Post-Brexit planning in the UK: tighter controls for EU students; hope for continuing research collaboration
The British government’s post-Brexit ambitions for higher education are becoming a little clearer thanks to a recent combination of leaks and official position papers.
The Guardian published a leaked Home Office document last week that argues for new controls on EU students after the UK leaves the European Union.
The document is marked as “Draft – Official Sensitive” and so it is not clear how closely it will reflect eventual government policy in this respect. However, the paper expresses a clear concern on the part of the Home Office that planned moves to control labour mobility from the EU will lead to increased abuse of the student visa system. “Therefore,” the draft argues, “we may need to introduce some restrictions to ensure students are genuinely intending to study in the way that we do for non-EU students, by checking academic ability, English language skills and sufficiency of funds.”
Overall, the leaked draft reflects a view at the Home Office toward increased labour mobility controls, with the continuing goal of limiting net migration to the UK. As such, the leak pours some cold water on the hope that international students might eventually be excluded from net migration statistics. This idea received a boost only last month when another Home Office report found that nearly all foreign students (98%) leave the country before their visas expire.
This new data led the UK’s Office for National Statistics to conclude that “there is no evidence of a major issue of non-EU students overstaying their entitlement to stay,” and prompted Home Secretary Amber Rudd to commission a comprehensive study of the impacts of foreign students on the UK economy. This work now takes on a new significance as any such new research could prove to be an important curb on the government’s interest in stricter student immigration controls.
Let’s research together
Also last week, the UK Department for Exiting the European Union released an official position on collaborative research with the EU. Collaboration on science and innovation: a future partnership paper calls for a new agreement to govern collaborative research activity.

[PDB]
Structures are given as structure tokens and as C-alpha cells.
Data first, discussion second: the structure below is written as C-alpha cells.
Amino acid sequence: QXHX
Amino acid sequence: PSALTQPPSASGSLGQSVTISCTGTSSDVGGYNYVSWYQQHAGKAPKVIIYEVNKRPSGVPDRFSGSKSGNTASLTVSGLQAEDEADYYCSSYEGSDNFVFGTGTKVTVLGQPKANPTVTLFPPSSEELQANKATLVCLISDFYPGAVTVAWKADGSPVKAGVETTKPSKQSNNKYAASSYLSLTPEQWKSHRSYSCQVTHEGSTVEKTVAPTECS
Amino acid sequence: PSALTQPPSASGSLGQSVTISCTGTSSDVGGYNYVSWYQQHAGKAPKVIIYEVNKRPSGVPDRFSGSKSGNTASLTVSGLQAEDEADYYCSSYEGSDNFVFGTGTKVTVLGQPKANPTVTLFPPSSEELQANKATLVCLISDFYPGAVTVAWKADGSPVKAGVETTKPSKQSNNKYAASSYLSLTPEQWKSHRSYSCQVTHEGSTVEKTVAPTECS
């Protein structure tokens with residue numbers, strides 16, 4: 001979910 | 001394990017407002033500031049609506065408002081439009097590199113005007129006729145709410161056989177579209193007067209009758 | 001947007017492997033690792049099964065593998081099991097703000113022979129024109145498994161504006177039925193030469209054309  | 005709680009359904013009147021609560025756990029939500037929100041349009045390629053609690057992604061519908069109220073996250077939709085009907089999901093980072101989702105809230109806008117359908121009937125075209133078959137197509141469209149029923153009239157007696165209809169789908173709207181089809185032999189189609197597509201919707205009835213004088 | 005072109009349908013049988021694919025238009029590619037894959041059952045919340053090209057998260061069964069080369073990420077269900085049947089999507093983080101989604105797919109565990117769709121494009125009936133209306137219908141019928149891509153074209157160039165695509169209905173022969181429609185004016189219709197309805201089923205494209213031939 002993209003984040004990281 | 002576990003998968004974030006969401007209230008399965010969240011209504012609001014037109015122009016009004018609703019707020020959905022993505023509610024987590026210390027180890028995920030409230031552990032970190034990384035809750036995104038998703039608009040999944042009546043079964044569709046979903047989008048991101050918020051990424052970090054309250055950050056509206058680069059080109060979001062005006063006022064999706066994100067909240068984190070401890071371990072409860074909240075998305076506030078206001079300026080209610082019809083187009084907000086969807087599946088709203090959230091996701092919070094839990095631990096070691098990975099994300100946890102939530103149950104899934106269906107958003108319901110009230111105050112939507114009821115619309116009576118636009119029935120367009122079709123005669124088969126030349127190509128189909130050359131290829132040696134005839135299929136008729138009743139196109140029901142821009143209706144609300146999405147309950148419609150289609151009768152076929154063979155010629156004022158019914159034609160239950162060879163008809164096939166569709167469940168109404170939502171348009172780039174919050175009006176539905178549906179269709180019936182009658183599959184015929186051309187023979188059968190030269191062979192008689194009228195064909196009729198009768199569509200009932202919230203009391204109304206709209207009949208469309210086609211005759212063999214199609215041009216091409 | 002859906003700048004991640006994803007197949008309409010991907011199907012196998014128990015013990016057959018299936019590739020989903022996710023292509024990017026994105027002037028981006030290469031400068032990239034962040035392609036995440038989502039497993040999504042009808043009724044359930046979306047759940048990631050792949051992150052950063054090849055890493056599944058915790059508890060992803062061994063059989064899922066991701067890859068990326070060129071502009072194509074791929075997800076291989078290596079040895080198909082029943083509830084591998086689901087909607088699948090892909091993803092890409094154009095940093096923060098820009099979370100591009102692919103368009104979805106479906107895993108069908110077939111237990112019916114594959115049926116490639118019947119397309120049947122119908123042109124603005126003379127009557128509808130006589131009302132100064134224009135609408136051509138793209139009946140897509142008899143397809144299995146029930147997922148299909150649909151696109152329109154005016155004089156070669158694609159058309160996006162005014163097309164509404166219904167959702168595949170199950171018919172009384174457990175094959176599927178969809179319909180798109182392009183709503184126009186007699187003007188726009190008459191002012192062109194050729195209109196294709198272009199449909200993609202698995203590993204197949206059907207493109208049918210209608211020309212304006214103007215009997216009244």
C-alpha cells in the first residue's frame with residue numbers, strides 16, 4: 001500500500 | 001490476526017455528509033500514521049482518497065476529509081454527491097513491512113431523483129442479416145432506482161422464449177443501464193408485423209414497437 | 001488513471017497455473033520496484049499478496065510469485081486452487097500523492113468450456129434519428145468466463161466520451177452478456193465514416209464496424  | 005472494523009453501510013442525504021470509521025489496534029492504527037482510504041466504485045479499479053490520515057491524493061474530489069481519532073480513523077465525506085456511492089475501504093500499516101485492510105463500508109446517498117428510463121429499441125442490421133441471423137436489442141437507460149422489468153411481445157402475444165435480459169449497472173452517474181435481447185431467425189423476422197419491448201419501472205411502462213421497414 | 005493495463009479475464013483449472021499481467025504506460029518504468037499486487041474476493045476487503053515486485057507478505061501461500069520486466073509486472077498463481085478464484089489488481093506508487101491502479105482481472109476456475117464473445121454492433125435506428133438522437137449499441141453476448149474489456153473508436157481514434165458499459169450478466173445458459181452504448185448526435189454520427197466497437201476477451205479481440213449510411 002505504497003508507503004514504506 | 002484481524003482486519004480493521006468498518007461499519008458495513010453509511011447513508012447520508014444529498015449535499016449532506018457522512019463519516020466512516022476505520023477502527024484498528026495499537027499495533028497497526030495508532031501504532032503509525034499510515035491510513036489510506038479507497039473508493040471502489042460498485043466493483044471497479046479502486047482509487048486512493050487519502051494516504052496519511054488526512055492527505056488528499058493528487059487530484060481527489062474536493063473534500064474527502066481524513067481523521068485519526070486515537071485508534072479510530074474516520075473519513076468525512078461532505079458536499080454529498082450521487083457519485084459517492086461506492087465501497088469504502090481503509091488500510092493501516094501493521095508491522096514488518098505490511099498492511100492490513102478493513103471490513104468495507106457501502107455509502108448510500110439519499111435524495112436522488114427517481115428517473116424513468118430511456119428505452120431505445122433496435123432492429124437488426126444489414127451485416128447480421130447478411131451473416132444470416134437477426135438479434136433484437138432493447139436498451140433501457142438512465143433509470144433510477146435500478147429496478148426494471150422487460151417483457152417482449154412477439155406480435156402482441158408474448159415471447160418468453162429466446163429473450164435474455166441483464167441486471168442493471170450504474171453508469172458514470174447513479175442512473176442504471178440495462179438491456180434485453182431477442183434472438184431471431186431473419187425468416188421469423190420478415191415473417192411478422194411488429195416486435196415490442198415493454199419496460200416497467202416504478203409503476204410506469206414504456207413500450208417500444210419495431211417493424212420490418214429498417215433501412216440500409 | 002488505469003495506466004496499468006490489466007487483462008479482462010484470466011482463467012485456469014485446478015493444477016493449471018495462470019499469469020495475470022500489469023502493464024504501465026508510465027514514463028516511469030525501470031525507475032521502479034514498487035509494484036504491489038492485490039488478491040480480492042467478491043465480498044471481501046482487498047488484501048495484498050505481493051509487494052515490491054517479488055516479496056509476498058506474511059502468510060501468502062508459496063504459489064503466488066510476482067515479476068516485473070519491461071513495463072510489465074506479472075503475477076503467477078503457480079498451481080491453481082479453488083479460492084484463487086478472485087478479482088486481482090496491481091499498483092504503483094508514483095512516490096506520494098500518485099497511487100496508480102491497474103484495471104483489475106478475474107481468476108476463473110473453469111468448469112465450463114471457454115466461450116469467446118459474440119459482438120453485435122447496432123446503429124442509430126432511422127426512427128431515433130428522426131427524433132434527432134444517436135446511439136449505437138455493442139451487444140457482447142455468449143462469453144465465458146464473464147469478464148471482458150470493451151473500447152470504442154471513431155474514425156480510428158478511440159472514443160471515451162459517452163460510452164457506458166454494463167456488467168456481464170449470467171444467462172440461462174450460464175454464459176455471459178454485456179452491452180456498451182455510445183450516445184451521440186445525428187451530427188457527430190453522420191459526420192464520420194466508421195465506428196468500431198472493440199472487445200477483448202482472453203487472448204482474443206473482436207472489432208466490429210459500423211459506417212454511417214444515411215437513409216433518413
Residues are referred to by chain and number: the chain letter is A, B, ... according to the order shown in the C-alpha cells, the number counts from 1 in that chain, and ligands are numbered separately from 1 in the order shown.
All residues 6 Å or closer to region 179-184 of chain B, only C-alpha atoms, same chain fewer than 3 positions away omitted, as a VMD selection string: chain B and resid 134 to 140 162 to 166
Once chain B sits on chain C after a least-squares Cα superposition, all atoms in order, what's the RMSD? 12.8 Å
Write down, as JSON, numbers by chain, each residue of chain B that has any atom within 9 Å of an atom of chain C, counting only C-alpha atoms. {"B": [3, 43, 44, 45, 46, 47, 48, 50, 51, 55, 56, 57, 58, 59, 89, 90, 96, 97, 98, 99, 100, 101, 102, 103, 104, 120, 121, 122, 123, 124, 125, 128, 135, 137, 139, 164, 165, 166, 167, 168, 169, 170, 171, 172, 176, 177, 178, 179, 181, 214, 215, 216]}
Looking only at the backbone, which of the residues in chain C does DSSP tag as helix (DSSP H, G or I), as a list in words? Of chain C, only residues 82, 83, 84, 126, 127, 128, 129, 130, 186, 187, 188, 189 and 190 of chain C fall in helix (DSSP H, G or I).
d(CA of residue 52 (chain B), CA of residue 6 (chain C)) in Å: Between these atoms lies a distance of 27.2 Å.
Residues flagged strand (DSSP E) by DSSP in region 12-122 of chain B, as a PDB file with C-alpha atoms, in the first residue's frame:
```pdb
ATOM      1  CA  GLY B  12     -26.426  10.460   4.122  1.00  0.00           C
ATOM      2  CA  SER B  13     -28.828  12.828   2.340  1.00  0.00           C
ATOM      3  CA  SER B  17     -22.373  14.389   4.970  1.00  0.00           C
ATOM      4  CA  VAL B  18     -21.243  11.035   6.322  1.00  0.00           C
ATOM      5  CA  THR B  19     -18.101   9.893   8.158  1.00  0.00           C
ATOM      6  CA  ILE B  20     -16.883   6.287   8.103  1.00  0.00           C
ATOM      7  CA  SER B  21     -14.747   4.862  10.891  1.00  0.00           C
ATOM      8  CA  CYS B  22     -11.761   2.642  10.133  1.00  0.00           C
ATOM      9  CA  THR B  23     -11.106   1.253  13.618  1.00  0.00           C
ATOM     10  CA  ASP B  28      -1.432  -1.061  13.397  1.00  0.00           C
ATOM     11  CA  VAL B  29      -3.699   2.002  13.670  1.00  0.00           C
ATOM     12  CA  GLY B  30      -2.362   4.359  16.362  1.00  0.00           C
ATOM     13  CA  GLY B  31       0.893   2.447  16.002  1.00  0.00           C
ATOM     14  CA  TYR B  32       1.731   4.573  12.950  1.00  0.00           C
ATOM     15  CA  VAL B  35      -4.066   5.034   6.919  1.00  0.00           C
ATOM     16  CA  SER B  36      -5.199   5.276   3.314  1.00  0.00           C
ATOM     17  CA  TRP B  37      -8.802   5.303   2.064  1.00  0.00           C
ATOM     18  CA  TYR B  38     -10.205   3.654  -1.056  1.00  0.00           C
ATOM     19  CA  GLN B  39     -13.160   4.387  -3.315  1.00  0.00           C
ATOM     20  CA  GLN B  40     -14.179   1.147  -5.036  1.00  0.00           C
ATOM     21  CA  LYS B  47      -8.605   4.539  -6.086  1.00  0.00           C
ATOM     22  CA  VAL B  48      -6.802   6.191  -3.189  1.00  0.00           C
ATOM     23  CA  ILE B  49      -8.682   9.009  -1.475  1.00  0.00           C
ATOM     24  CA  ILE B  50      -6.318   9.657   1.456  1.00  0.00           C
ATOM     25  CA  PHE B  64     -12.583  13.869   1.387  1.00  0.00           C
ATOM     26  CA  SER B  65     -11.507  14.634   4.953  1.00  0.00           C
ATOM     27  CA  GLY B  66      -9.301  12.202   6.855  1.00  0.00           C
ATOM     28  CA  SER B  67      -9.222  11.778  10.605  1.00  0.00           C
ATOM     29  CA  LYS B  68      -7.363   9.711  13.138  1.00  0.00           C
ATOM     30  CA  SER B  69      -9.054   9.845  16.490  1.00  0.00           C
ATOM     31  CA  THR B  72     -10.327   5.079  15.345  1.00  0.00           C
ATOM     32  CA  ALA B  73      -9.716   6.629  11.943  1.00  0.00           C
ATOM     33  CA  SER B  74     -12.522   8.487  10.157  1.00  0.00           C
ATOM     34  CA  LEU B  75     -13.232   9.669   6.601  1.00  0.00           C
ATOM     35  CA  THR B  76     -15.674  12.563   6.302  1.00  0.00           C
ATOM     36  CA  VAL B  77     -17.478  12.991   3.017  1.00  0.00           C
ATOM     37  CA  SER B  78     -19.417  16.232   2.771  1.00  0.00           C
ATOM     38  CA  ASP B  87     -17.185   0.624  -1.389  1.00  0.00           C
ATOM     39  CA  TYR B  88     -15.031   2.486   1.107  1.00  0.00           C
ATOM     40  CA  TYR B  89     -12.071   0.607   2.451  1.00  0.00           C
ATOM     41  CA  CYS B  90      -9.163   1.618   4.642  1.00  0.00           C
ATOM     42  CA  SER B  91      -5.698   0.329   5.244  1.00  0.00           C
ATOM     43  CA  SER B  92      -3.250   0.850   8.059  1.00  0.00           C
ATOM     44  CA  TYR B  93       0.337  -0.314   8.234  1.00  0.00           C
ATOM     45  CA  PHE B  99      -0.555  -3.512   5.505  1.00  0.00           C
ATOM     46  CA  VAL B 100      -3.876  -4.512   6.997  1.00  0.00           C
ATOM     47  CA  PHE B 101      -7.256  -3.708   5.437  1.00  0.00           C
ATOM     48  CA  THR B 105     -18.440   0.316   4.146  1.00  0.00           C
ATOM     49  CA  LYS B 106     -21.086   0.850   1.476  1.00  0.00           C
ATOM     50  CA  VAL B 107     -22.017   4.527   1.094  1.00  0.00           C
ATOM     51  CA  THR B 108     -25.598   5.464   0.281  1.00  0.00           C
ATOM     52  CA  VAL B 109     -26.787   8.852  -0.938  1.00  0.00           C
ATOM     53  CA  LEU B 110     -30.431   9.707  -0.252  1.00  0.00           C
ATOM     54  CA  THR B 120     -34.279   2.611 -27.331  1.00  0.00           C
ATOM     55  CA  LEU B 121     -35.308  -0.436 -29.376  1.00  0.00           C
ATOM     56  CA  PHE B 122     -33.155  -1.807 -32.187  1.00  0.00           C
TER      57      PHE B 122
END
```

The paper notes at the outset that, “The UK wants Europe to maintain its world-leading role in science and innovation, and will continue playing its part in delivering shared European prosperity. It is the UK’s ambition to build on its unique relationship with the EU to ensure that together we remain at the forefront of collective endeavours to better understand, and make better, the world in which we live.”
It is in large part, however, more of a catalogue of current UK-EU collaborations and of the contributions of British institutions to research and innovation in Europe – as opposed to a proposal for a new model going forward. Critics have been quick to respond, including the lobby group Scientists for EU which characterised the paper as, “devoid of any suggestions for bridging Brexit obstacles and developing this partnership into the future.”
Even so, continued participation in European research and mobility programmes is a key priority for British higher education as the Brexit process unfolds, and some have also seen the paper as a hopeful gesture that the government shares this interest.
“We welcome the Government’s commitment to maintaining collaboration on research with our European partners after we exit, and to continuing to attract the brightest minds to the UK’s universities,” said Universities UK Chief Executive Alistair Jarvis. “The best way to achieve this is for the UK government to negotiate access to, and influence over, the next EU research and innovation programme.” (editor: That is, the successor programme to Horizon 2020.)
Dr Tim Bradshaw, acting director of the Russell Group, points as well to an underlying conflict between the government’s interest in mobility controls and its hopes to protect or renew collaborative research agreements with the EU: “Scientific excellence is dependent on excellent people. Ensuring EU nationals have the certainty they need to plan for a future studying or working in the UK is essential. We want to ensure students, academics and other university staff feel welcome in the UK and valued for the hugely important contributions they make in the classroom, on campus and in their local communities.”